Similar to swing traders, trend traders examine a stock's momentum and moving averages to determine whether a stock is likely to move higher or lower. They then buy stocks with a strong upside, or short those likely to trend lower. Trend traders are likely to look for chart patterns or technical indicators in their forecasts.
How to Become a Day Trader
Becoming a successful day trader requires a great deal of personal discipline. Novice day traders should expect to lose money as they learn the ins and outs of the market and be psychologically prepared for further losses over the course of their careers.
Day trading also involves a great deal of research, not only into the fees and commissions on their trades but also the relevant taxes and regulations. For example, day traders should be cognizant of the wash sale rule, which prohibits repeated transactions of the same security within a 30-day period. They should also fully understand the risks, especially of trading on margin.
Can You Get Rich Day Trading?
While some day traders can make money, studies suggest that the majority either lose money or underperform the market. Studies by professional economists suggest that most day trading strategies are no more effective than random chance.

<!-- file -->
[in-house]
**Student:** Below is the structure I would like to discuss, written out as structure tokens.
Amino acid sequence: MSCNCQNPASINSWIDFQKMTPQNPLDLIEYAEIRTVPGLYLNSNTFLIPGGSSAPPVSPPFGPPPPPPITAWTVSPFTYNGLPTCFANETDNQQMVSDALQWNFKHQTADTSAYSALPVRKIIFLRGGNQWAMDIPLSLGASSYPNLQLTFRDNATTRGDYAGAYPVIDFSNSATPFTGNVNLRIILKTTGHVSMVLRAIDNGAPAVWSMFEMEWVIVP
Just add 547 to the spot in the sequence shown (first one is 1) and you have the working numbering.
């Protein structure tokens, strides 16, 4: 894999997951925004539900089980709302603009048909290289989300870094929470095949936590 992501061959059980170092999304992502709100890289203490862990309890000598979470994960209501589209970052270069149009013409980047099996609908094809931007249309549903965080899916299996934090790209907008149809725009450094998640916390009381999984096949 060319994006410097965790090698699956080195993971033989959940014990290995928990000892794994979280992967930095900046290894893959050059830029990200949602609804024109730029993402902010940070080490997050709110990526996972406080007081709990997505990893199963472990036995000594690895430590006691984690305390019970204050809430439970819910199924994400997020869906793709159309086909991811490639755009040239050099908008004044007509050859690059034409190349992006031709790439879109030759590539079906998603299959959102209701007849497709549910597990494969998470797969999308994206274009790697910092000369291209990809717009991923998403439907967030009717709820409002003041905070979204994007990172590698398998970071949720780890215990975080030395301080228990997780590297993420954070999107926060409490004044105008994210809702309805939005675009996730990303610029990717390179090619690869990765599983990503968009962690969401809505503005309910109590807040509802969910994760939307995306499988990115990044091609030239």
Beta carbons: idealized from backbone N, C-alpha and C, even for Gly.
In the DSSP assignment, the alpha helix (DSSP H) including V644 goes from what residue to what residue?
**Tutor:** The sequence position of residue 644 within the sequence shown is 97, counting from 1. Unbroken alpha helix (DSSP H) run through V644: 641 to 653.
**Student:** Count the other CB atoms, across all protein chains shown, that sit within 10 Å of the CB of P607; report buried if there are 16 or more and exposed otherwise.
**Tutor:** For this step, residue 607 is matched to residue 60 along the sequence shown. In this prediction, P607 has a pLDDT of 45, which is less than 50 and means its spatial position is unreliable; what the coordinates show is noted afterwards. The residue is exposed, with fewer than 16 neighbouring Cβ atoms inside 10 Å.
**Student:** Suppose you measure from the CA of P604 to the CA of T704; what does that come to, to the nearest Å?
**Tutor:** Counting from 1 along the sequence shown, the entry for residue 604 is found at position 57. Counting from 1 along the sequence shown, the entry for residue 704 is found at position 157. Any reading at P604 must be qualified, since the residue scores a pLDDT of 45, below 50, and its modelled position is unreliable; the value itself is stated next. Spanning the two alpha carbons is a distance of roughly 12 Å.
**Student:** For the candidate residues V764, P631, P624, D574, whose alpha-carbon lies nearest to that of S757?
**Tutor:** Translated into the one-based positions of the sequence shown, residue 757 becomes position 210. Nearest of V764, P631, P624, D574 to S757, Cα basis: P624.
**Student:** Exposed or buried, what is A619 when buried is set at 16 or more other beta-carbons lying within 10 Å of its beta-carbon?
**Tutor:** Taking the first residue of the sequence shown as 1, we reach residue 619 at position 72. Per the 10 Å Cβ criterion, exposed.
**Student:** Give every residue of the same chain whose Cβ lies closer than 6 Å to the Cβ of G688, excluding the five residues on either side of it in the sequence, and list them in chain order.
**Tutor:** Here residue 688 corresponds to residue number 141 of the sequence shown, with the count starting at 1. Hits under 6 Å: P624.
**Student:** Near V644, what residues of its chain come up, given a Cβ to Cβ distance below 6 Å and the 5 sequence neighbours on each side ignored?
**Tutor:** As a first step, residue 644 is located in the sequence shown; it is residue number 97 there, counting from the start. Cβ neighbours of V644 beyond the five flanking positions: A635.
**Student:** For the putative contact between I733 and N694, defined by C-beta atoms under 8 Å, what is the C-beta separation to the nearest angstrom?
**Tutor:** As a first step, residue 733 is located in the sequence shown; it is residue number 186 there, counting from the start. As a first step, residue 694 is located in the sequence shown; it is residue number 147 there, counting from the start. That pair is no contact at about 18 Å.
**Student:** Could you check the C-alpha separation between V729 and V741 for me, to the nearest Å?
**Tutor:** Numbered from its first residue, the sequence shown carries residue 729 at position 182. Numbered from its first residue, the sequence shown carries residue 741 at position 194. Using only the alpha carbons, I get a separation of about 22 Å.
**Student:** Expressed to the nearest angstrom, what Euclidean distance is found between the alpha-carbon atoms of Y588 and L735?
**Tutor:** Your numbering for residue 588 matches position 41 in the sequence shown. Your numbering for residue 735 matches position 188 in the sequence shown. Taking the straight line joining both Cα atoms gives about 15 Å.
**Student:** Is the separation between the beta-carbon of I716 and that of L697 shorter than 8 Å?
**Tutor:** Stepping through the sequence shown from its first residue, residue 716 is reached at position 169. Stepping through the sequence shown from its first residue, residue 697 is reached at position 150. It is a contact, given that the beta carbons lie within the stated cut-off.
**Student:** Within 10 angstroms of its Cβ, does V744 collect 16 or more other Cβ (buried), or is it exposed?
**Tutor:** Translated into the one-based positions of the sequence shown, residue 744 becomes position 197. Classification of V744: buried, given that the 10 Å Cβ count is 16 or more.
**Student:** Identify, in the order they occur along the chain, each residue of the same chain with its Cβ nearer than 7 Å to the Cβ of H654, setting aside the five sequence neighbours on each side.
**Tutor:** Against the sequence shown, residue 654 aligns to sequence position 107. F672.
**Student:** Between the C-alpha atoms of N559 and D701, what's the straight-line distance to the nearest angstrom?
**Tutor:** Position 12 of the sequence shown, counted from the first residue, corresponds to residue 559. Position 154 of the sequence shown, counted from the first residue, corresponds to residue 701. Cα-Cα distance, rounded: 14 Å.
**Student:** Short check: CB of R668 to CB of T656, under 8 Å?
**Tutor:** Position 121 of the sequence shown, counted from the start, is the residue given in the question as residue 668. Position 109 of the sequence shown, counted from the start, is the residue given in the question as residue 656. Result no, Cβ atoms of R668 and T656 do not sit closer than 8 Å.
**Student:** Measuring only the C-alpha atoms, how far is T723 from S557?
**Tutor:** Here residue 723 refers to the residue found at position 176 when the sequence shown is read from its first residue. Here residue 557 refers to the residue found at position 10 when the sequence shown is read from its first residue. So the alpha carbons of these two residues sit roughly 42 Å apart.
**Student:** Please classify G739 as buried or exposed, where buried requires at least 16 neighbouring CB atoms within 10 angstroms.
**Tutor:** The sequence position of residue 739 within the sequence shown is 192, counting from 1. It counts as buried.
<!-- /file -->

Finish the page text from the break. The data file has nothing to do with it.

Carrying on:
What Are the Tax Implications of Day Trading?
Intraday trades are considered short-term capital gains, meaning that they are taxed at the same level as your income. You are required to pay taxes on each profitable trade, but you can use your losing trades to offset the taxes on your gains. You can also use up to $3,000 of losses to offset income tax on your salary, and carry over additional losses to the next tax year.
How Much Can I Make Day Trading?
While most day traders lose money, there are day traders who can make a profit. Zippia estimates that the average income of successful day traders is about $117,000 per year, or about $56 per hour. However, there are also risks—solo day traders must also trade with their own money, which comes with much greater risk than an ordinary salary.
The Bottom Line
Day traders look for extremely short-term price changes in the stock or forex market, allowing them to accumulate profits over the course of a trading day. Although it can be profitable, it also comes with a high degree of risk—especially for traders on margin positions. In addition to a thorough understanding of the stock market, day traders must also exercise self-control and avoid impulsive mistakes.